The huge mystery, until now, was its purpose why the ancient scribes carried out the complex task of generating and sorting the numbers on the tablet. Our research reveals that Plimpton 322 describes the shapes of right-angle triangles using a novel kind of trigonometry based on ratios, not angles and circles. It is a fascinating mathematical work that demonstrates undoubted genius.

The tablet not only contains the worlds oldest trigonometric table; it is also the only completely accurate trigonometric table, because of the very different Babylonian approach to arithmetic and geometry. This means it has great relevance for our modern world. Babylonian mathematics may have been out of fashion for more than 3,000 years, but it has possible practical applications in surveying, computer graphics and education. This is a rare example of the ancient world teaching us something new.

The tablet also long predates the Greek astronomer Hipparchus, traditionally regarded as the father of trigonometry.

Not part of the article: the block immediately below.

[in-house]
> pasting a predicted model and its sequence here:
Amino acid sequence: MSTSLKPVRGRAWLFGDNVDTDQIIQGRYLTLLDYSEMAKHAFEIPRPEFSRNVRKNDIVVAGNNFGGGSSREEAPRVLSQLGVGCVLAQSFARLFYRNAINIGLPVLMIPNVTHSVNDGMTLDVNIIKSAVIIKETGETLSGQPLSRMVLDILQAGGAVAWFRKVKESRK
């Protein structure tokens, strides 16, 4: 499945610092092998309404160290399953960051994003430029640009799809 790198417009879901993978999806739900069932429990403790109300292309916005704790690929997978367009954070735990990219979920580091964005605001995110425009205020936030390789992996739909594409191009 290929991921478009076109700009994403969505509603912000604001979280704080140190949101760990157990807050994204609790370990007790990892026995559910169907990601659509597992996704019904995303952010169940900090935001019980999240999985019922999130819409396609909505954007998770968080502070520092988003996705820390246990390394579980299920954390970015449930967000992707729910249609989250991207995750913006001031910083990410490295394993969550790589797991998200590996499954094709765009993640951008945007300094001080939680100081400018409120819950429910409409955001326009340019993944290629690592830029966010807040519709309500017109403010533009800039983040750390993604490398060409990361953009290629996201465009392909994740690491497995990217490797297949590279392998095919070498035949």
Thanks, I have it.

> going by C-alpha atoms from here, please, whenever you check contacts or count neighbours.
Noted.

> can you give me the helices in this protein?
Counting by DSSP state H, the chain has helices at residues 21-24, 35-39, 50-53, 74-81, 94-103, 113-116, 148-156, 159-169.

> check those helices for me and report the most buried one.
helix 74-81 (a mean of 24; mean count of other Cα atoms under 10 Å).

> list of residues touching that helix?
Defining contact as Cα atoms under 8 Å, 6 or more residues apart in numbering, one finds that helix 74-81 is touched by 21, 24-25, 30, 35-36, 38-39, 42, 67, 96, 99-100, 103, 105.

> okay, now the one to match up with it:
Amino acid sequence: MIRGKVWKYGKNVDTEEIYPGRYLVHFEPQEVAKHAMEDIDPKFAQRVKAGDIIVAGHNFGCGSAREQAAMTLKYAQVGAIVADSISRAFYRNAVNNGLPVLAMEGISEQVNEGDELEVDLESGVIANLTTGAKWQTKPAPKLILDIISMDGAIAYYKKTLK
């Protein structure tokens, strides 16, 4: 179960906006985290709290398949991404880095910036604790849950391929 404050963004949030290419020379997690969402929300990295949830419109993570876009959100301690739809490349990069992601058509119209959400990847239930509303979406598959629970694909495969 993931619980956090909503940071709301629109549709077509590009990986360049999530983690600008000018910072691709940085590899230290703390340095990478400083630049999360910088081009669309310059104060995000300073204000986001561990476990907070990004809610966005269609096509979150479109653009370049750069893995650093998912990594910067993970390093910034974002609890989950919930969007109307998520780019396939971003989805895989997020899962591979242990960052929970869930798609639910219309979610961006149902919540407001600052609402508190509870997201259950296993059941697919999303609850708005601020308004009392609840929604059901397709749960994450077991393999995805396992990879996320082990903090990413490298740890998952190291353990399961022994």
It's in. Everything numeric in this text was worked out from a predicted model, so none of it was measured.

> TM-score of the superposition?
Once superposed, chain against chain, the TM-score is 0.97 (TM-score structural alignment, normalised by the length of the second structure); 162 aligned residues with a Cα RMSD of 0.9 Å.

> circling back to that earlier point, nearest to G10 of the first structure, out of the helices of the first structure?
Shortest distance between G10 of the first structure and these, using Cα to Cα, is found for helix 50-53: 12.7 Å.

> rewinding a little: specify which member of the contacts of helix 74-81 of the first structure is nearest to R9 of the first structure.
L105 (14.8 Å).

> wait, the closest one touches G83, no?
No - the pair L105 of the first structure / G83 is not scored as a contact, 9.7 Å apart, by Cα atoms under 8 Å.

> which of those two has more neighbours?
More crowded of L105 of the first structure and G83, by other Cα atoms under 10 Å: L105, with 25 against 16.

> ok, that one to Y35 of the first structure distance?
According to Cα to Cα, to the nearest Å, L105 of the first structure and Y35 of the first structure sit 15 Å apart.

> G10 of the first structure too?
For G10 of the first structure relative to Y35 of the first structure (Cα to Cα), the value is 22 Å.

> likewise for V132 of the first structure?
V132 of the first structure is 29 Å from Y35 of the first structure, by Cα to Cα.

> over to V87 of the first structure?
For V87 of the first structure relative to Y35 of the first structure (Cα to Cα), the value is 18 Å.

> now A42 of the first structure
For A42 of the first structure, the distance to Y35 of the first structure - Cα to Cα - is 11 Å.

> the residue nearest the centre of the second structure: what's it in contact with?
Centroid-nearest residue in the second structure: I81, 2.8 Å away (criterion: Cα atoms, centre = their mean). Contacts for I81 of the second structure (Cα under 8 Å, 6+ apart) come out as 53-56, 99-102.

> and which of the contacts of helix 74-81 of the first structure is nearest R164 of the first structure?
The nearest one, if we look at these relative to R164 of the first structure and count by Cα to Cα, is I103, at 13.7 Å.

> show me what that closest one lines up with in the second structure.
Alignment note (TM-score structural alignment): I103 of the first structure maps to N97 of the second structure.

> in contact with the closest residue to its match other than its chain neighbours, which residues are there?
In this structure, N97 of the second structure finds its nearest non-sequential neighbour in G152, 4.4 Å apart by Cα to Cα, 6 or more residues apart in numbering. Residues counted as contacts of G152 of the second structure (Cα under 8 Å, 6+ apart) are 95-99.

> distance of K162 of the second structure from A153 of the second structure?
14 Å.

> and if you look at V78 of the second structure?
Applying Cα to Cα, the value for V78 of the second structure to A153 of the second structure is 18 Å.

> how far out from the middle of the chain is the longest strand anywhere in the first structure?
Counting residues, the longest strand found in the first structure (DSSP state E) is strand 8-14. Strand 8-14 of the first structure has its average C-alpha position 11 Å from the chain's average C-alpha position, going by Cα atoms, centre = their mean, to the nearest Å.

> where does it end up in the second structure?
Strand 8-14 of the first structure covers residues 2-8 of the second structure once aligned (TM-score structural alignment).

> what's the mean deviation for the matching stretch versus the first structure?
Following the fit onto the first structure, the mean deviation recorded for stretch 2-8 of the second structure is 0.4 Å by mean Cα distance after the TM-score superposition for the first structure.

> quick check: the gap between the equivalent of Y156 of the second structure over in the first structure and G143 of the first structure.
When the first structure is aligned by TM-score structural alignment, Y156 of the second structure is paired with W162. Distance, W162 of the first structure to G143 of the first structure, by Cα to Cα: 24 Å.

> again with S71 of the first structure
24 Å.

Wildberger said: Plimpton 322 predates Hipparchus by more than 1,000 years. It opens up new possibilities not just for modern mathematics research, but also for mathematics education. With Plimpton 322 we see a simpler, more accurate trigonometry that has clear advantages over our own.

He and Mansfield believe there is more to learn of Babylonian maths, still buried in untranslated or unstudied tablets.

A treasure trove of Babylonian tablets exists, but only a fraction of them have been studied yet. The mathematical world is only waking up to the fact that this ancient but very sophisticated mathematical culture has much to teach us.

They suggest that the mathematics of Plimpton 322 indicate that it originally had six columns and 38 rows. They believe it was a working tool, not as some have suggested simply a teaching aid for checking calculations. Plimpton 322 was a powerful tool that could have been used for surveying fields or making architectural calculations to build palaces, temples or step pyramids, Mansfield said.